By Rafiq Raji, PhD
It cannot be gainsaid how crucial it is to ensure Yahya Jammeh, Gambia’s outgoing president, relinquishes power, peacefully or by force, on 19 January, the day President-elect Adama Barrow is scheduled to be inaugurated. President Jammeh has thus far rebuffed entreaties by West African leaders for him to step down when his tenure expires. Mr Jammeh insists his petition at the Supreme Court, which next meets in May, about irregularities in the collation of election results, the outcome of which he had earlier accepted, must be heard and decided beforehand. His belligerence and the consequent impasse represent a most significant threat to the consolidation of democracy in the West African region. Worse still, it threatens the country’s tourism industry, the mainstay of the about $800 million economy. Disapora remittances – about 20 percent of GDP – may also suffer, as international financial institutions probably take precautionary measures. Should he call the bluff of the Economic Community of West African States (ECOWAS), which has promised military action in the event, the year may prove unstable for one of Africa’s smallest countries. ECOWAS has little choice but to act if Mr Jammeh refuses to respect the will of his people. Otherwise, its ability to prevent a recurrence somewhere else in the region would be greatly damaged. Its troops must prepare and not take anything for granted, however. Because even though Mr Jammeh’s ‘forces’ may number about a thousand and some more, when the mercenaries he has recruited are counted, recent military history – the American Iraqi war debacle for instance – suggests success is now less dependent on superior hardware or manpower. A knowledge of the terrain and a highly motivated side fighting for its survival can be tremendously lethal. And lest we forget, Liberia and Sierra Leone were similarly small countries; but see how long and complicated ECOWAS peace-keeping efforts in those countries took.
Swear-in Barrow no matter what
Mr Barrow fled Gambia on Friday (13 January), in the company of West African leaders, under the cover of a visit to Mali to attend the France-Africa Summit. He was moved to Senegal afterwards, to ensure his safety till inauguration day. Hitherto, I worried Mr Jammeh might try to abduct or kill Mr Barrow before his inauguration – there were even rumours of his death at some point, probably a test of the waters by his detractors. Thankfully, ECOWAS leaders acted proactively and ‘absconded’ with him on time. They must also now ensure he is sworn-in on the due date – nothing is more important than that at this time. And it should be on Gambian soil, with a contingent of ECOWAS forces protecting him till he is able to assume full control. That is the only way to effectively de-legitimize Mr Jammeh. That is, if he chooses to be unreasonable. Of course, it helps a great deal that the African Union (AU) would cease to recognize him as the country’s president from then. The AU would get the opportunity to demonstrate just that when it meets later this month. It is also heartening that about 800 Nigerian troops have been reportedly put on alert for deployment to The Gambia. A Senegalese military contingent is also being readied for the task.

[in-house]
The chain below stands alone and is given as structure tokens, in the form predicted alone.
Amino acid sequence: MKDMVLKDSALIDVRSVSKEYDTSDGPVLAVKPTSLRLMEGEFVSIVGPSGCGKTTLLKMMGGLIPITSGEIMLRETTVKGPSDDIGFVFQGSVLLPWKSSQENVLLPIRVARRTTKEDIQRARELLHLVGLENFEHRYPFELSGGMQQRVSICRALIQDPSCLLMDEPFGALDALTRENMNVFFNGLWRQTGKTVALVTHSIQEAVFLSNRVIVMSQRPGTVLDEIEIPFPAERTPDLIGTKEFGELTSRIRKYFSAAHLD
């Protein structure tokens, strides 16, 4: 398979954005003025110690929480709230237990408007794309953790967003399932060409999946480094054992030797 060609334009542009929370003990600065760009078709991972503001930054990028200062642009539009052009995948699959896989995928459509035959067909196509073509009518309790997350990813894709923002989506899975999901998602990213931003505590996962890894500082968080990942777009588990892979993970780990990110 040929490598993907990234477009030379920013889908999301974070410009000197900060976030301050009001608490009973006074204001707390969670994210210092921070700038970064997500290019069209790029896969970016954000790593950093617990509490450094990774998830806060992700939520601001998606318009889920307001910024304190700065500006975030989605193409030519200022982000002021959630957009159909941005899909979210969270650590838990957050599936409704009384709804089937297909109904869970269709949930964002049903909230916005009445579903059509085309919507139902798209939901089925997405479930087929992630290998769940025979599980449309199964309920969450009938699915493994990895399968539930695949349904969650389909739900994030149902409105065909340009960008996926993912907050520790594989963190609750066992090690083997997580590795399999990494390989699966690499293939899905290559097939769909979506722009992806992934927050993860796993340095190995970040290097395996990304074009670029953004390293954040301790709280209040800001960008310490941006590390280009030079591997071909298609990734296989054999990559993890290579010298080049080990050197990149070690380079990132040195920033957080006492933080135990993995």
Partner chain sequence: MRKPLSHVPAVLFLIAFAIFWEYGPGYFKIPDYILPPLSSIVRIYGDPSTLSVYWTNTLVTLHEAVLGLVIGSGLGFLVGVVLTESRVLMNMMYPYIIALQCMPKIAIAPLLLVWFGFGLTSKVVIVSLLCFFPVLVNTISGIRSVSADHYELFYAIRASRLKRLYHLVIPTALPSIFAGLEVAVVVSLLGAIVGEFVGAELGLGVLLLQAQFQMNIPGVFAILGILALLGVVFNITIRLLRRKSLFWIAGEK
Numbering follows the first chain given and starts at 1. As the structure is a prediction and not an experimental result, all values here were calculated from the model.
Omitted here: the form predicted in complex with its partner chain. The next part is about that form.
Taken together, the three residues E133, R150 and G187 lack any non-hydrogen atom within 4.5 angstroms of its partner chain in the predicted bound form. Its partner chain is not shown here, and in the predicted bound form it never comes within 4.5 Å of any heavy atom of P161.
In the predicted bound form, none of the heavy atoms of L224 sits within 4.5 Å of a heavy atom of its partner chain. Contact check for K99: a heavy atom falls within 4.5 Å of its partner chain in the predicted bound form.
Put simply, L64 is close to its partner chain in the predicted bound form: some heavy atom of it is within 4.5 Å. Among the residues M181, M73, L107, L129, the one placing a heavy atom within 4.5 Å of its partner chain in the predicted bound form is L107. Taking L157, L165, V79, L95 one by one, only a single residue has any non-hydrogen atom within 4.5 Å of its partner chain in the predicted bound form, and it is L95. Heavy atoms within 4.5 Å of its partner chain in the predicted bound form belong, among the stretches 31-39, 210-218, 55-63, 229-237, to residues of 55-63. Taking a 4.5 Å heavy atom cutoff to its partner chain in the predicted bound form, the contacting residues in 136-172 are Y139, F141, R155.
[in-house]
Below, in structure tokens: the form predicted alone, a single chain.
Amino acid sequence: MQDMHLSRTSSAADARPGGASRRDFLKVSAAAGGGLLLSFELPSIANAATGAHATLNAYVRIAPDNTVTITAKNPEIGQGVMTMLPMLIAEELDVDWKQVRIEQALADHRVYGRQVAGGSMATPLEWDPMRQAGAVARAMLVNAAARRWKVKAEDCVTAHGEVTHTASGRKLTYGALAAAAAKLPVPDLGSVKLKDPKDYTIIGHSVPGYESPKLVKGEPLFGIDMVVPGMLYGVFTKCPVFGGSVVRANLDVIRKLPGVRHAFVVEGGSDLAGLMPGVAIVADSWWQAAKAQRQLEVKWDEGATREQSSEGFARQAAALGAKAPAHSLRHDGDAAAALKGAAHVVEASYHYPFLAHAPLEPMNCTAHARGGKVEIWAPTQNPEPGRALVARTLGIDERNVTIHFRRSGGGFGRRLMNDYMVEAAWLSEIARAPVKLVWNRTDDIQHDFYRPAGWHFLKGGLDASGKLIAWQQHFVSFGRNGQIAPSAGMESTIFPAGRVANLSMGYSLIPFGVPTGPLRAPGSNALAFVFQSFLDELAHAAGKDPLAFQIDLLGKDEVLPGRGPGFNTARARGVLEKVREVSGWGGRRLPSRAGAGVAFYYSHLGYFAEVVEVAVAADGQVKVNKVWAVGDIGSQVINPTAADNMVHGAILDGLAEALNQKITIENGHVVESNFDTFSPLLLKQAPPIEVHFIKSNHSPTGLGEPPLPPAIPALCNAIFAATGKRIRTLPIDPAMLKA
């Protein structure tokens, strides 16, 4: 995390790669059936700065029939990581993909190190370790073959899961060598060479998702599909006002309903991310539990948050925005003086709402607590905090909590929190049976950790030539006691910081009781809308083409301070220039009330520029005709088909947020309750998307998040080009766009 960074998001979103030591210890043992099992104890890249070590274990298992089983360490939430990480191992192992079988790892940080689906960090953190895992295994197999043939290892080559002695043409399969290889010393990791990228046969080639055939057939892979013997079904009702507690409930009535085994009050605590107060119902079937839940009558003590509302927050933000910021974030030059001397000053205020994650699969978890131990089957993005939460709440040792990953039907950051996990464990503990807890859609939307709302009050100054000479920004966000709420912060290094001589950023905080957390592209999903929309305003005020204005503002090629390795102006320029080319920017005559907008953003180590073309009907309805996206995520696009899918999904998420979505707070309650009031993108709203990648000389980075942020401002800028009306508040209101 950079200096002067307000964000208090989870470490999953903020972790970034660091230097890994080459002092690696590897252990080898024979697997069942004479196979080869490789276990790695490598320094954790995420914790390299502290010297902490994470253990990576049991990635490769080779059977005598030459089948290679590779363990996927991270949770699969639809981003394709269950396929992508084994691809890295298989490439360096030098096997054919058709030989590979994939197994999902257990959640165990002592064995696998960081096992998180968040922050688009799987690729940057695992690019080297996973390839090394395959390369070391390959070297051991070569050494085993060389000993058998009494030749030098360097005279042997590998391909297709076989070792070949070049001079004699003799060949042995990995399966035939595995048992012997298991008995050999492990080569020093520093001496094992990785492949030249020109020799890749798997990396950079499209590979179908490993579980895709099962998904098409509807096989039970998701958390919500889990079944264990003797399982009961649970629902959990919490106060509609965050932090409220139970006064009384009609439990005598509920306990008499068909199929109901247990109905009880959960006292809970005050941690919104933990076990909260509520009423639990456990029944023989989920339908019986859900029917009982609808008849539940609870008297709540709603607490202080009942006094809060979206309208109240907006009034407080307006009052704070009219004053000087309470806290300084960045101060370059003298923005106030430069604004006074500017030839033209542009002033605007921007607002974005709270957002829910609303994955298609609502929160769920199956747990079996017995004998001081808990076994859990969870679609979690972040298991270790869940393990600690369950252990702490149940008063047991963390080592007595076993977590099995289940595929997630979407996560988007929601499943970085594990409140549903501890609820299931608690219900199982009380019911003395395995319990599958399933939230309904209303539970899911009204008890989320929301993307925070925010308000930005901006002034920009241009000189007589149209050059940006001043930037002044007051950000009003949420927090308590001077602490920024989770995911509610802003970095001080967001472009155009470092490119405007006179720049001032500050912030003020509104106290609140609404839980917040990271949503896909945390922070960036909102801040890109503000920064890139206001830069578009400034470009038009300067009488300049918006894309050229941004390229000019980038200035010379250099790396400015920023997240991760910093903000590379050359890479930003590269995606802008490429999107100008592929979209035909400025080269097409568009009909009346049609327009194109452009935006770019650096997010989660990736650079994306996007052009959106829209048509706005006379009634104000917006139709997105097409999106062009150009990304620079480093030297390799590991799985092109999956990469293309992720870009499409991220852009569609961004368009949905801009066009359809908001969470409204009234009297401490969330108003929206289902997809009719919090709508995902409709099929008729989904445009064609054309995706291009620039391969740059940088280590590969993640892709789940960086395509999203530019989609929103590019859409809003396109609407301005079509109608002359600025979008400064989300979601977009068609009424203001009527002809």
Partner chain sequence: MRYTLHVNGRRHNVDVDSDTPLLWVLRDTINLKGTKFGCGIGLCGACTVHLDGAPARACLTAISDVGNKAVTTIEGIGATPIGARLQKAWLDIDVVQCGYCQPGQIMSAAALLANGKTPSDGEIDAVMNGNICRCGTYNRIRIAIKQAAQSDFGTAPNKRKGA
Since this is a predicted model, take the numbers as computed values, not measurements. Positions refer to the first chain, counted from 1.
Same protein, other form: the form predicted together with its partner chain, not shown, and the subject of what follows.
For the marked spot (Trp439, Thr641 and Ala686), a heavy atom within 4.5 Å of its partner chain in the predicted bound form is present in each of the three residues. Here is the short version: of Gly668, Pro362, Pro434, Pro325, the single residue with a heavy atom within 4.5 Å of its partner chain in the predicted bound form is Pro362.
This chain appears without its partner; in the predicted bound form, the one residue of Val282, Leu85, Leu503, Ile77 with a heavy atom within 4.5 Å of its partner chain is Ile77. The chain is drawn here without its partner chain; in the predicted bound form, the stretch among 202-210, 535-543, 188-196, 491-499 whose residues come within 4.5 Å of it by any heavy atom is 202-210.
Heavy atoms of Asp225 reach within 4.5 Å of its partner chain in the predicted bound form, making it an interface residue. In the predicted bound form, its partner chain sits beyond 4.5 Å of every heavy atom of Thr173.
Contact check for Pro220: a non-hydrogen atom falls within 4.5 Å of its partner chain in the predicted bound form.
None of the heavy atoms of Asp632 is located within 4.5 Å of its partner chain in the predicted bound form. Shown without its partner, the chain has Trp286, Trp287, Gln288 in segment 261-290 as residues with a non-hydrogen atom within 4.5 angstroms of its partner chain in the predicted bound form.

Evil that men do
There is still a chance Mr Jammeh would accept the soft landing package being offered him. He is probably still taking a wait-and-see approach. It is believed Nigeria’s President Muhammadu Buhari, the ECOWAS chief mediator, offered him asylum at their meeting in Banjul last week. The embattled Gambian strongman probably wondered if he would not suffer the same fate as that of former Liberian dictator, Charles Taylor, who though assured of safe refuge by Nigerian authorities, was eventually handed over to international judicial authorities for prosecution. Mr Taylor rightly now languishes in the chilly winter of a British prison for the heinous crimes he committed. It is probable Mr Jammeh has concluded the safest place for him to stay is in his country, likely his birthplace, Kanilai – believed to be his preferred capital and where his infamous farm is located. In the event of military action, he is likely to retreat there. ECOWAS military forces would be wise to keep him there, but not attack him or his mercenaries or any of the members of the Gambian armed forces who choose to stick with him, likely those from his Jola tribe. In any case, there are reports of desertions by his supposedly loyal men. It is also likely Mr Jammeh may build a human shield with innocent Gambians around any potential hideout. He has already ordered the closure of the border with Senegal, to stem an increasing exodus, as citizens flee what they imagine would be some period of instability. Regardless, I dearly hope at some point Mr Jammeh pays greatly for his misdeeds. His punishment has probably begun already. Because sometimes when an evil man’s time to meet his waterloo is due, even the gentlest entreaties would be rebuffed by him. But I certainly do not wish that this would be at the expense of innocent Gambian lives.
Also published in my BusinessDay Nigeria column (Tuesdays). See link viz. https://www.businessdayonline.com/jammeh-must-go/